HIV; hepatitis C; DAA; pegylated interferon; ribavirin
Chronic hepatitis C (CHC) is the most common indication for liver transplantation (LT). Aggressive treatment of hepatitis C virus (HCV) infection before cirrhosis development or decompensation may reduce LT need and risk of HCV recurrence post-LT. Factors associated with increased HCV risk or severity of recurrence include older age, immunosuppression, HCV genotype 1 and high viral load at LT. HCV recurrence post-LT leads to accelerated liver disease and cirrhosis development with reduced graft and patient survival. Currently, interferon (IFN)-based regimens can be used in dual-agent regimens with ribavirin, in triple-agent antiviral strategies with direct-acting antivirals (e.g., protease inhibitors telaprevir or boceprevir), or before transplant in compensated patients to reduce HCV viral load to prevent or reduce the risk of post-LT recurrence and complications; they cannot be used in patients with decompensated cirrhosis. IFN-based regimens are used in less than half of HCV-infected patients waiting for LT due to extremely low efficacy and poor tolerability. However, antiviral therapy is indicated after LT in patients with histologically confirmed CHC despite tolerability issues. Improvements in side effect management have increased survival in patients achieving therapeutic targets. HCV treatment pre- and post-LT results in significant health care costs especially when lack of efficacy leads to disease worsening, although studies have shown sofosbuvir treatment before LT vs conventional post-LT dual antiviral is cost effective. The suboptimal efficacy and tolerability of IFN-based therapies, plus the significant economic burden, means the need for effective and well tolerated IFN-free anti-HCV therapy for pre- and post-LT remains high.
Hepatitis C virus; Orthotopic liver transplantation; Interferon-free treatment; Decompensated cirrhosis; Chronic hepatitis C
Chronic Hepatitis C virus (HCV) infection is the leading cause of advanced liver disease worldwide. The virus successfully evades host immune detection and for many years has hampered efforts to find a safe, uncomplicated, and reliable oral antiviral therapy. Initially, interferon and ribavirin therapy was the treatment standard of care, but it offered limited performance across the wide spectrum of HCV disease and was fraught with excessive and often limiting side effects. Sofosbuvir (SOF) is a potent first-in-class nucleoside inhibitor that has recently been approved for treatment of HCV. The drug has low toxicity, a high resistance barrier, and minimal drug interactions with other HCV direct-acting antiviral agents such as protease inhibitors or anti-NS5A agents. SOF is safe and can be used across different viral genotypes, disease stages, and special patient groups, such as those coinfected with human immunodeficiency virus. When used in combination with ribavirin or another direct-acting antiviral agent, SOF has revolutionized the HCV treatment spectrum and set the stage for nearly universal HCV antiviral therapy. More so than any other anti-HCV drug developed to date, SOF offers the widest applicability for all infected patients, and new regimens will be tailored to maximize performance.
Hepatitis C virus; sofosbuvir; polymerase inhibitors; interferon-free treatment
We propose an integrative, mechanistic model that integrates in vitro virology data, pharmacokinetics, and viral response to a combination regimen of a direct-acting antiviral (telaprevir, an HCV NS3-4A protease inhibitor) and peginterferon alfa-2a/ribavirin (PR) in patients with genotype 1 chronic hepatitis C (CHC). This model, which was parameterized with on-treatment data from early phase clinical studies in treatment-naïve patients, prospectively predicted sustained virologic response (SVR) rates that were comparable to observed rates in subsequent clinical trials of regimens with different treatment durations in treatment-naïve and treatment-experienced populations. The model explains the clinically-observed responses, taking into account the IC50, fitness, and prevalence prior to treatment of viral resistant variants and patient diversity in treatment responses, which result in different eradication times of each variant. The proposed model provides a framework to optimize treatment strategies and to integrate multifaceted mechanistic information and give insight into novel CHC treatments that include direct-acting antiviral agents.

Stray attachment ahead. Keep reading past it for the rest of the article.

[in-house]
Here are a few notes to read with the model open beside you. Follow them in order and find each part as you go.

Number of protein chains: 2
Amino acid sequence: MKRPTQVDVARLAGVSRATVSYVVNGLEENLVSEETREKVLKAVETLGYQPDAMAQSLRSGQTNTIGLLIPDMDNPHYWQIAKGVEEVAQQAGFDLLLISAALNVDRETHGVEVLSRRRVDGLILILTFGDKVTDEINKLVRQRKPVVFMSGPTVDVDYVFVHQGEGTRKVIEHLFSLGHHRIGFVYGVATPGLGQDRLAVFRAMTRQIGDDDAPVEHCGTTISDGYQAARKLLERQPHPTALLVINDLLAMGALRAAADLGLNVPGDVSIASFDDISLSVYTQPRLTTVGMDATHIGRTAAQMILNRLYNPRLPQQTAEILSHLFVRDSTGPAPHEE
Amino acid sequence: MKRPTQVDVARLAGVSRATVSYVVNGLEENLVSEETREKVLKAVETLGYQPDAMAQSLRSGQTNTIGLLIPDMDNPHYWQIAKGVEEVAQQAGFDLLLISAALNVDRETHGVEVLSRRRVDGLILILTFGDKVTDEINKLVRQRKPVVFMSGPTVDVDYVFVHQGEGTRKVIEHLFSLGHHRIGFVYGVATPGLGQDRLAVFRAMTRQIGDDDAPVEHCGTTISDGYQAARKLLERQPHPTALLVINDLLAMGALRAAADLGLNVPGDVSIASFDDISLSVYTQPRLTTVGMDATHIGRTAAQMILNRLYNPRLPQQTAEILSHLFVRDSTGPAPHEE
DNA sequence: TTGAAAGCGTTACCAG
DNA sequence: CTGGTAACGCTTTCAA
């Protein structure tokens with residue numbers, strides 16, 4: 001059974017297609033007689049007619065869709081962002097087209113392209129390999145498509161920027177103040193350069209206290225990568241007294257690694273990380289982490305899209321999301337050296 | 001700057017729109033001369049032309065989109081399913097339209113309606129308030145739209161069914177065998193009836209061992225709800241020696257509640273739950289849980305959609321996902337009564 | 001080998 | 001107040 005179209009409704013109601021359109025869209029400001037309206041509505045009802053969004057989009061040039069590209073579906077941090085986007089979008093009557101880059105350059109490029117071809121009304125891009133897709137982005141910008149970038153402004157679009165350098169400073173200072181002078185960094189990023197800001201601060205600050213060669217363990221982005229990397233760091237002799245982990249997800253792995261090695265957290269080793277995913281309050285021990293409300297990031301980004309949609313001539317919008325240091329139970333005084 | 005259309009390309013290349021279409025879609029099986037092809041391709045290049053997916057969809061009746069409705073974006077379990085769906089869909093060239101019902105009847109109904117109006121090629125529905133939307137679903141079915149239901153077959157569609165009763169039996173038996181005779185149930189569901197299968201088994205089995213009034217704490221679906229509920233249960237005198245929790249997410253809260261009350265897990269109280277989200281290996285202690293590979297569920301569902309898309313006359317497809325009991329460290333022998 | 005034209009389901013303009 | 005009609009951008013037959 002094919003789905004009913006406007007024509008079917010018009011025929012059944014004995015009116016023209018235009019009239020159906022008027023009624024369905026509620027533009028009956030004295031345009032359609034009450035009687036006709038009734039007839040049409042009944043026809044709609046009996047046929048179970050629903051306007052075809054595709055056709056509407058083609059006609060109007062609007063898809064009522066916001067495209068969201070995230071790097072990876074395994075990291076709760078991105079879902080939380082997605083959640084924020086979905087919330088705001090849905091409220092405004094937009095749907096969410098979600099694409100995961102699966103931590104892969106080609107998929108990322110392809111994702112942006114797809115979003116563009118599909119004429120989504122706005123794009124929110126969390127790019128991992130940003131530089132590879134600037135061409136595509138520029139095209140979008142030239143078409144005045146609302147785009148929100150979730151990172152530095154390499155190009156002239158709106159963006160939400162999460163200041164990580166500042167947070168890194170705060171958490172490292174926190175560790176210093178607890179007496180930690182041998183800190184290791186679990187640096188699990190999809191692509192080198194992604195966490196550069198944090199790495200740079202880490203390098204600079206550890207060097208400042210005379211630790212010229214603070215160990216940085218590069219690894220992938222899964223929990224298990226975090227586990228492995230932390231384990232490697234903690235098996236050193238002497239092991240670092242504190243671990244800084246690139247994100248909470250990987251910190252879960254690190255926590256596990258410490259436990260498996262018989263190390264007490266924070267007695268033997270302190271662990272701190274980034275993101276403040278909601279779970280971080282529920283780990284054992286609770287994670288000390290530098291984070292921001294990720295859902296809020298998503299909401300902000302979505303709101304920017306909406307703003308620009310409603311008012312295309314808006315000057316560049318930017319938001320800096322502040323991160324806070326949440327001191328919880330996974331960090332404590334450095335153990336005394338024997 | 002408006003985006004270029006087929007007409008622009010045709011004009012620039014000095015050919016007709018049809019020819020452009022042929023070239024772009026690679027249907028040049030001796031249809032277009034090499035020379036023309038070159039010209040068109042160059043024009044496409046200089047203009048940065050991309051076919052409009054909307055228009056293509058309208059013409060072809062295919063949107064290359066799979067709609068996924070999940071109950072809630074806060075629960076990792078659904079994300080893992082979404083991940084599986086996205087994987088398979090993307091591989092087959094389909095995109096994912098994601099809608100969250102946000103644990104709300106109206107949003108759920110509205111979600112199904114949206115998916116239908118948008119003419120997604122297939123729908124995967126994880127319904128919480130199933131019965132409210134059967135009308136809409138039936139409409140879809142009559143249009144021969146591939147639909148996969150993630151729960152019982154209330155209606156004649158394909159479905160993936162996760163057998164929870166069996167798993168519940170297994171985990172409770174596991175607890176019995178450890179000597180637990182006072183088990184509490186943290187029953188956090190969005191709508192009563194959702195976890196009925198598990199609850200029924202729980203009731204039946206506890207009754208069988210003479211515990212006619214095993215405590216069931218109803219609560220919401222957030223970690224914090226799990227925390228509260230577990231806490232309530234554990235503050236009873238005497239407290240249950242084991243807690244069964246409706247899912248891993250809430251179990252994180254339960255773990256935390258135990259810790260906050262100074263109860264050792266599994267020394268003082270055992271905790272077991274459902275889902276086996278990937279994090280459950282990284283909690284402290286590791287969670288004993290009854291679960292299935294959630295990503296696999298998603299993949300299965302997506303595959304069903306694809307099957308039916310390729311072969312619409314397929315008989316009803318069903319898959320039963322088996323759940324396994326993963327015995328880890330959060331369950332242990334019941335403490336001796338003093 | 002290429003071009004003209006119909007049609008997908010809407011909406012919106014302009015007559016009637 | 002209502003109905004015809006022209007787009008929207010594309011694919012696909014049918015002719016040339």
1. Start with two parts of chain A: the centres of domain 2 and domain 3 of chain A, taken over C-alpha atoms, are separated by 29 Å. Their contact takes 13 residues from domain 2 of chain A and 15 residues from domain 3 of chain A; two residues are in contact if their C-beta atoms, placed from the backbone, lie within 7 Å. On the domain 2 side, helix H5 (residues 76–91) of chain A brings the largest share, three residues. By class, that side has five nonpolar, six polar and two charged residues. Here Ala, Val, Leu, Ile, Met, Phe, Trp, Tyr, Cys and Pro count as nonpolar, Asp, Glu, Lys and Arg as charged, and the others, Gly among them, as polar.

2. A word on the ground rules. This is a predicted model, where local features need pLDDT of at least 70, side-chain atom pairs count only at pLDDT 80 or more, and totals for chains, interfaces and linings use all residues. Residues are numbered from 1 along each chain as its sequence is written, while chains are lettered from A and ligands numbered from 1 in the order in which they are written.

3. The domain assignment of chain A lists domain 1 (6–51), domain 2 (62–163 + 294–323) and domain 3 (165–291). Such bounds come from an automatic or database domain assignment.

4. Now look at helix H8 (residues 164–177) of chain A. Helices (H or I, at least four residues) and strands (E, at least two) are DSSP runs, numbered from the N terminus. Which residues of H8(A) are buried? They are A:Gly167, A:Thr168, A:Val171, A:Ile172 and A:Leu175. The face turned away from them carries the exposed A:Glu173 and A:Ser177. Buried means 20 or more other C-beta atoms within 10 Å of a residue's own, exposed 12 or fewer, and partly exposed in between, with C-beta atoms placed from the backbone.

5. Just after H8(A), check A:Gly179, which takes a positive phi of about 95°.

Hepatitis C virus chronically infects approximately 180 million people worldwide. The treatment aim for patients chronically infected with hepatitis C is viral eradication or sustained viral response (SVR). Historical standard of care for HCV treatment was peginterferon-alfa and ribavirin. Recently, approved HCV protease inhibitors, in combination with peginterferon-alfa and ribavirin, have demonstrated higher SVR rates compared to peginterferon-alfa and ribavirin alone. As members of a novel class of compounds directly targeting hepatitis C virus, HCV protease inhibitors have different mechanisms of actions and are affected by resistance and fitness of HCV variants. The significance of these different mechanisms of action, and the interplays between resistance and viral fitness to the treatment outcome has not been elucidated. Here, we developed and validated an integrative, mechanistic model of viral dynamics in response to a combination regimen including telaprevir, peginterferon-alfa, and ribavirin. The model was developed from early studies in 478 treatment-naïve patients and its SVR rate predictions were verified in 2380 patients in subsequent studies. These results provide an example of the use of mechanistic information to the development of viral dynamic model that has been useful in the design of optimal treatment regimens.